You can go to school to learn about school, or you can go to school to learn about life.
Those words from his father are what convinced the then 23-year-old Ravi Acharya to leave his home country of India to attend business school in the United States.
That decision changed Ravi's life forever, as he went on to raise his family in the US and build an outstanding career in the financial industry. Today, Ravi is Head of Consumer Distribution Program Delivery at TD Bank, America's Most Convenient Bank.
In May, TD Bank celebrates Asian American and Pacific Islander (AAPI) Heritage Month. During this month, TD Bank shares stories and experiences of colleagues to help increase understanding and acceptance of Pan-Asian, Asian American, and Pacific Islander communities.
Expanding his world
When Ravi first arrived in the tri-state area to go to graduate school in Delaware, he and his college roommates found a television on the street. They wanted to learn about American culture, so they started watching American football within a week, Ravi had become a fan of the Dallas Cowboys. One evening, when he was watching a game at a bar in Newark, Delaware, a classmate looked at Ravi confused because he was cheering for the Dallas Cowboys instead of the Philadelphia Eagles – the "local" team. Since then, he’s been a die-hard Philadelphia sports fan (Go Birds!), Ravi explained with a laugh.
Ravi enjoys fitting in with the local culture while he continues to carry over traditions he grew up with in India. He explained, "I focus on the 'AND,' not the 'OR.' For me, being a part of two cultures is a way to expand yourself." This balance has also benefited TD in multiple ways.
Finding the best in others
Ravi recognizes that sometimes people from Pan-Asian cultures may be perceived as shy or reserved in meetings. He's passionate about making sure people from these communities are seen and respected.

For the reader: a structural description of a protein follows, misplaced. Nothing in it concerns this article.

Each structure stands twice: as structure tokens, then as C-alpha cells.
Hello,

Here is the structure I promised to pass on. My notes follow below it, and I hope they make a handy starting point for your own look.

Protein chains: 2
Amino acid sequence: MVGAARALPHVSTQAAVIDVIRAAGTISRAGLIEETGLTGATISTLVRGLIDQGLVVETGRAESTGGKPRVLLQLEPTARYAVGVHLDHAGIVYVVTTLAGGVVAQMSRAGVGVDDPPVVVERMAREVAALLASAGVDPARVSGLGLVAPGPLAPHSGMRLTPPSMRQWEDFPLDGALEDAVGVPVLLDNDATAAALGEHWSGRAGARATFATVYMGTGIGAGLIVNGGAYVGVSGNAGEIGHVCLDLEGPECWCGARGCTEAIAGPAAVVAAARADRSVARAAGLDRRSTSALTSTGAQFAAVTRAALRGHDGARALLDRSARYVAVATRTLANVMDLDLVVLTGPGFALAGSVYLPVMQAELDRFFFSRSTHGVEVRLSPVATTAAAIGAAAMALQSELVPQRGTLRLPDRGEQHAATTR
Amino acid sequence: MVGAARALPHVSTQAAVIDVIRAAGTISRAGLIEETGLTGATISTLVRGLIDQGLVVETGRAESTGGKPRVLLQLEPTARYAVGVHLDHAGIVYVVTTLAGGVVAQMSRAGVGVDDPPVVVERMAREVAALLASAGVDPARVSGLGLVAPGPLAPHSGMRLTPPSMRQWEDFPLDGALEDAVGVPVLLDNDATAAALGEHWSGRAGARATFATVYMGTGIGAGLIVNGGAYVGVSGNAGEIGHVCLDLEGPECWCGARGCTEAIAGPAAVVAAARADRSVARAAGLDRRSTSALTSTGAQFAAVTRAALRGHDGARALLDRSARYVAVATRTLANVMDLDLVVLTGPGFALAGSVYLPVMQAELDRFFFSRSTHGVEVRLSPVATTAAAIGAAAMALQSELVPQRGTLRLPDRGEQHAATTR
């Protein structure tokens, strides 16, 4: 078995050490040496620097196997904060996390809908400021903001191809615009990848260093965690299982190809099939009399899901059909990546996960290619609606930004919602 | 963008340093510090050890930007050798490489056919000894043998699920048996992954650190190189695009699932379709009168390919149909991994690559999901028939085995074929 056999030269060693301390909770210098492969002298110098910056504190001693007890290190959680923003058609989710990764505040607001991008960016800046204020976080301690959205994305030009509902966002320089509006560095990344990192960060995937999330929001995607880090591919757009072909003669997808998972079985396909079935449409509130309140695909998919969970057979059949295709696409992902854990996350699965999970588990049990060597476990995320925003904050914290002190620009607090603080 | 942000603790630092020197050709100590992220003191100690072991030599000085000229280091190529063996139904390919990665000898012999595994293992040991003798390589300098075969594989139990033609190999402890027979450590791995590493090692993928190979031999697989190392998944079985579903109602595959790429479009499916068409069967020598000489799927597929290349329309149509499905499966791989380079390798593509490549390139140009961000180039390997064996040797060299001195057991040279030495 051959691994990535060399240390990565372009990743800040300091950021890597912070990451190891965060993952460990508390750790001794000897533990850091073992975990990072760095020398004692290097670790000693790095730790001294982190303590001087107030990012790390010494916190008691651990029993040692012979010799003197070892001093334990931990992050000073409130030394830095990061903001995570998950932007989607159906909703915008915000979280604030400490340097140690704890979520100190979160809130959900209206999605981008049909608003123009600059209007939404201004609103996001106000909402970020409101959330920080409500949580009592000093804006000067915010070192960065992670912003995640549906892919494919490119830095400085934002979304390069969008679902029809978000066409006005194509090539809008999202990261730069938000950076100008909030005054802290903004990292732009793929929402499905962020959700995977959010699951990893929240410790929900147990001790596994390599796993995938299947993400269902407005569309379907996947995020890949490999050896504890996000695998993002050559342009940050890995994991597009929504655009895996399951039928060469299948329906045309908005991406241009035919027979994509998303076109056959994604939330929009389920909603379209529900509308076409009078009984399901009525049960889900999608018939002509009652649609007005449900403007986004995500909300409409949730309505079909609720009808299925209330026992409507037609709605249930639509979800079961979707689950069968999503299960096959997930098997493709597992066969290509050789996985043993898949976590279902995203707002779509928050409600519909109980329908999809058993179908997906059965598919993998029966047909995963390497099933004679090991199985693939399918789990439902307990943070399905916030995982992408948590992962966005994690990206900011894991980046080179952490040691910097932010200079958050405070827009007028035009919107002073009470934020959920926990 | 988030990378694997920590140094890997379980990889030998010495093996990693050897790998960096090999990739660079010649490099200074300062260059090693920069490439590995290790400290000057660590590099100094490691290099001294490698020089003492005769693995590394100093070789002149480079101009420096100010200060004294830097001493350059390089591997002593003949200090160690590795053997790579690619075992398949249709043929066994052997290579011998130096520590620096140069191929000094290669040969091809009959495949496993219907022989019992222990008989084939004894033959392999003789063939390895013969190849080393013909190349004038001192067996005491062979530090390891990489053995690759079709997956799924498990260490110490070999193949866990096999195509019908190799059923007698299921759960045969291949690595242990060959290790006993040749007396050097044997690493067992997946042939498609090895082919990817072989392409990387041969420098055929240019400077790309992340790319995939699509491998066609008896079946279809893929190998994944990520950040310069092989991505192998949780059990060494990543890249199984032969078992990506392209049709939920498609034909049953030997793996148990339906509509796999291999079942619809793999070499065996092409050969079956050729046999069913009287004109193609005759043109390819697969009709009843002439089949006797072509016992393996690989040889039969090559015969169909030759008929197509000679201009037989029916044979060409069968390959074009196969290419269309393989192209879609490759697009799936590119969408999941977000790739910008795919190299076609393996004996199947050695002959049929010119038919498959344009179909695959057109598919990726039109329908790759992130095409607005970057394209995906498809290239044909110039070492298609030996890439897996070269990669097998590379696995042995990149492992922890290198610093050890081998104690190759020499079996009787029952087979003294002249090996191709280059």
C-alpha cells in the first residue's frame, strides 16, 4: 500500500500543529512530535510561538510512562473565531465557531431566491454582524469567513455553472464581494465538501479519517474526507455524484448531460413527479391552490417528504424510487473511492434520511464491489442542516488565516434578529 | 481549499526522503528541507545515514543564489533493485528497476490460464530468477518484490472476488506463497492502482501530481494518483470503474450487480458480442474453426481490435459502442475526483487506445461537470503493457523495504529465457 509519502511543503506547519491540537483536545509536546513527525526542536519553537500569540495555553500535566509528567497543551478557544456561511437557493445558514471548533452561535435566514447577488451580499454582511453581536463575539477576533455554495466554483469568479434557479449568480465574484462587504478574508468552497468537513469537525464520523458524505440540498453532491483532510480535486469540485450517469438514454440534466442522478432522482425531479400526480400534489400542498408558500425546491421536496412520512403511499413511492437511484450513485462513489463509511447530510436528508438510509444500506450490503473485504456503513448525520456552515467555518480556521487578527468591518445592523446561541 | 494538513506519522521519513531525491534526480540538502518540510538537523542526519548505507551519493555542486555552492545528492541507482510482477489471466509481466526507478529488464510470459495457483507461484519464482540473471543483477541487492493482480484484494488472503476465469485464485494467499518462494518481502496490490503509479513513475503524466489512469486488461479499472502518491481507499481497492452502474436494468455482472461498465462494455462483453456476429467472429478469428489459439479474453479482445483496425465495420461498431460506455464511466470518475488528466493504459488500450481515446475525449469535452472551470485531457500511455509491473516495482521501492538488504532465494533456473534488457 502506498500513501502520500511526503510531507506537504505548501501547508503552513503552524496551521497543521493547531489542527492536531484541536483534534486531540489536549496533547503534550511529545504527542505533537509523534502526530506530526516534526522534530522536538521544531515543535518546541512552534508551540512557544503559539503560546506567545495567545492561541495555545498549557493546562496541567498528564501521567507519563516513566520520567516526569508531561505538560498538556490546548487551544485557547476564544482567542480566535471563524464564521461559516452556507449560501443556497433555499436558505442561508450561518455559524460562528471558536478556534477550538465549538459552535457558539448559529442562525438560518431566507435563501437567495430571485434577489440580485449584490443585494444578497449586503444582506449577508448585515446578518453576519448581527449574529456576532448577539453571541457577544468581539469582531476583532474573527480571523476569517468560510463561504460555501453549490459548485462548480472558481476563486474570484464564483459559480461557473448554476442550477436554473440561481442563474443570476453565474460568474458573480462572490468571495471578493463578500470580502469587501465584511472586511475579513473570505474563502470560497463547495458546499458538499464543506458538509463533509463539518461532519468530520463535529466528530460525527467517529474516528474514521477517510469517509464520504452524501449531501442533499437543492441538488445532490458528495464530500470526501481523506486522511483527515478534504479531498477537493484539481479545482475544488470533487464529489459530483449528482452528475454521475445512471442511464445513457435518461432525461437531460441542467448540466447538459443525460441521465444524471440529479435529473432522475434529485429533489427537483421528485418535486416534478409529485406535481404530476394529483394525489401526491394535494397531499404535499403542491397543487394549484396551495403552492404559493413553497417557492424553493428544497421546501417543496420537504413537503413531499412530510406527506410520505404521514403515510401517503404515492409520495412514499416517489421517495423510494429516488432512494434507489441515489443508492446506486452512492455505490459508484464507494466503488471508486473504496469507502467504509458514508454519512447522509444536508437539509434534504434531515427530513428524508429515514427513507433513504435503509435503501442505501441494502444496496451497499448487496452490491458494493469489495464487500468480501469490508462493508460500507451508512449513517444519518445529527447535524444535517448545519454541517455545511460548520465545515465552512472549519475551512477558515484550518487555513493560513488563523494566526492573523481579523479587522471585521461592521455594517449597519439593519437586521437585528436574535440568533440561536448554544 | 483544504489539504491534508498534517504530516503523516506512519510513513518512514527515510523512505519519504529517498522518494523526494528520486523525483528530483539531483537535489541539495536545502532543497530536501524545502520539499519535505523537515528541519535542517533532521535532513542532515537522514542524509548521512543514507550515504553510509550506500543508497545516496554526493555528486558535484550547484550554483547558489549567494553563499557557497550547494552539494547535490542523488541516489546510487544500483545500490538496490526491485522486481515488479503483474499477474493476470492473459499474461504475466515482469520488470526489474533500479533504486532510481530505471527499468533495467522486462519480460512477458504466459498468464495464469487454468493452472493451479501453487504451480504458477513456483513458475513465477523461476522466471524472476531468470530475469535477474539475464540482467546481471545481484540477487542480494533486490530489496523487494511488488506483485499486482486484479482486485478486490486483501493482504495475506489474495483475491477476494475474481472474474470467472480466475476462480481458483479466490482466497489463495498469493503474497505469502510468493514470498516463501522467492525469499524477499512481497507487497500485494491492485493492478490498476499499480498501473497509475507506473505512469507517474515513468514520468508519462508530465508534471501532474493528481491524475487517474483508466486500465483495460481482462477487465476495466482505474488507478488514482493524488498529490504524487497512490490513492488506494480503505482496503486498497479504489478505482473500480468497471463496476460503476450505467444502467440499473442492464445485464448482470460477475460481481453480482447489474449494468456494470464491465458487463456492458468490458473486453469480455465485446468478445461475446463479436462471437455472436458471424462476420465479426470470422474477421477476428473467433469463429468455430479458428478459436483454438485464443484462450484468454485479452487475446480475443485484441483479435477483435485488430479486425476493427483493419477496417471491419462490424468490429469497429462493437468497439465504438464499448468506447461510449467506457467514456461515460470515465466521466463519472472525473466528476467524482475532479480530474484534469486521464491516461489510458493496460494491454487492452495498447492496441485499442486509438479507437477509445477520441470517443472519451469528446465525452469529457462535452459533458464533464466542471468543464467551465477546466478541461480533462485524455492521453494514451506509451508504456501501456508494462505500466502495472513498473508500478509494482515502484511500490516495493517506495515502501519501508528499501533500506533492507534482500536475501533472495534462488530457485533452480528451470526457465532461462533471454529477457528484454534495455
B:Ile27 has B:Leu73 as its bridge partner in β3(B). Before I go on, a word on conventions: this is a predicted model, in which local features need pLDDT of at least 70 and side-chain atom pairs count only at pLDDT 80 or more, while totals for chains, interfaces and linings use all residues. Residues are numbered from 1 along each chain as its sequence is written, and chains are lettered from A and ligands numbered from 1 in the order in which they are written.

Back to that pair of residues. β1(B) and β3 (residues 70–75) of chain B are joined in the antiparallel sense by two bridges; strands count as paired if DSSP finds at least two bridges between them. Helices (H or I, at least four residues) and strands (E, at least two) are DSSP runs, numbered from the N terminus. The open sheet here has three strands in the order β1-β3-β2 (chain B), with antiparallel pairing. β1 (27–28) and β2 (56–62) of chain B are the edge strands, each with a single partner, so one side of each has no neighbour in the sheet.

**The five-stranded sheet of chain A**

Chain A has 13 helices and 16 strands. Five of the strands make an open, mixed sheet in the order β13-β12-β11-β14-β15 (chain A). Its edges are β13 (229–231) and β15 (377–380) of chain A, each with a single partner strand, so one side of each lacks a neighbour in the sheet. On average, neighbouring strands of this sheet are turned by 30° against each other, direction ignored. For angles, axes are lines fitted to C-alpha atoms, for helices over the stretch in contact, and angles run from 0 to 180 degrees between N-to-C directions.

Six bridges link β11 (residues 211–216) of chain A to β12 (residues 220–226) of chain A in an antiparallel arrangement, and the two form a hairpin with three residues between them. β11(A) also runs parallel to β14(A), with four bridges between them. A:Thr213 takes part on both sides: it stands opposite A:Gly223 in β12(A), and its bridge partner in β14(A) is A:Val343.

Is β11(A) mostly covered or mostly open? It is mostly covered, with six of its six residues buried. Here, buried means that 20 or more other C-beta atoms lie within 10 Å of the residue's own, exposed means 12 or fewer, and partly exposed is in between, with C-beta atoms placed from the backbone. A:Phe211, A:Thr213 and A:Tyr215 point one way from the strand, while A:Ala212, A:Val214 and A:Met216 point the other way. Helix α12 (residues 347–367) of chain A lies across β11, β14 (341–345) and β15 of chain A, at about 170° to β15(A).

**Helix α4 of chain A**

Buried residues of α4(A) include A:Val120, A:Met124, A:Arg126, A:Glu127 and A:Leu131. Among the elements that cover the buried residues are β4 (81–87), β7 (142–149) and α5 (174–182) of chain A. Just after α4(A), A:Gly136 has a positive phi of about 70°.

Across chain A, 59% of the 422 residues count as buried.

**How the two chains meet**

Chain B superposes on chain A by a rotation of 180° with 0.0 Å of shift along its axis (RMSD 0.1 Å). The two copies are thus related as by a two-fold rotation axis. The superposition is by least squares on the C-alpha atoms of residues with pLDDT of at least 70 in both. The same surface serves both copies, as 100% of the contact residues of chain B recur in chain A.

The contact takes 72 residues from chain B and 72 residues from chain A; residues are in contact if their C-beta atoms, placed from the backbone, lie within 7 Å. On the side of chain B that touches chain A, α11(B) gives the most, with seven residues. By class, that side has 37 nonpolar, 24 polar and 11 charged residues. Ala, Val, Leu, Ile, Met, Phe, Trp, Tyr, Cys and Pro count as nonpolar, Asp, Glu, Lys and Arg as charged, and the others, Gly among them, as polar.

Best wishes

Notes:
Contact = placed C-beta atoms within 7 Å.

“Some people like to speak their opinions in meetings. Others do better one-on-one, and still others may want to have a quick Microsoft Teams chat or an email,” Ravi explained. He does his best to give everyone an opportunity to be heard, whether during a meeting, or after, when they feel more comfortable.
Ravi's parents worked their way out of poverty through education and hard work, especially his mom who grew up with six siblings in a one-room apartment. They fostered a sense of pride in Ravi to give his all, but also to value the contributions of every colleague.
"I remember going to my parents' workplaces over the years," Ravi explained. "Even though they got to very senior positions, they spent time with every single person irrespective of their level. I always want to live up to that, to be humble, to value teams and their contributions and always give back in every way I can."
Diversity creates a better environment
A firm believer that sharing his experience, and the experiences of Pan-Asian, Asian American and Pacific Islander culture, is important, Ravi likes to drive change both inside and outside of the bank.
"I feel everyone would benefit from learning more about the various cultures and people in India, and other AAPI areas," he asserted. "It would help them develop deeper relationships with them. I truly believe that absorbing diversity will make us better citizens."
Ravi currently runs Project Odyssey – a cross-functional team is working on streamlining the platform used in stores for sales and service. "I'm a big fan of customer experience,” Ravi explained. “The old application Encore used to be more complicated, but now it's super slick. The best compliment I ever received was that the platform is so simple that a six-year-old could use it open a bank account for a customer."
The opportunity to be an individual
Ravi's family is dispersed all over the world. His parents, in-laws, and some siblings live in India. One brother lives in Australia, a brother-in-law is in South Africa, and his daughter lives in London. Ravi doesn't see this as a disadvantage, but rather as an opportunity. He's very close to his family, talking to them throughout the week and visiting India once a year or every 18 months. He loves to travel with his extended family, enjoying vacations together and learning about different cultures.
An appreciation for learning about different cultures is a value that Ravi has also experienced at TD Bank.
"At TD, everyone is able to be an individual, to be their own person," he said. "But I have also seen how much my colleagues want to learn about different cultures. It has made it a great experience, and I look forward to always learning more in the future."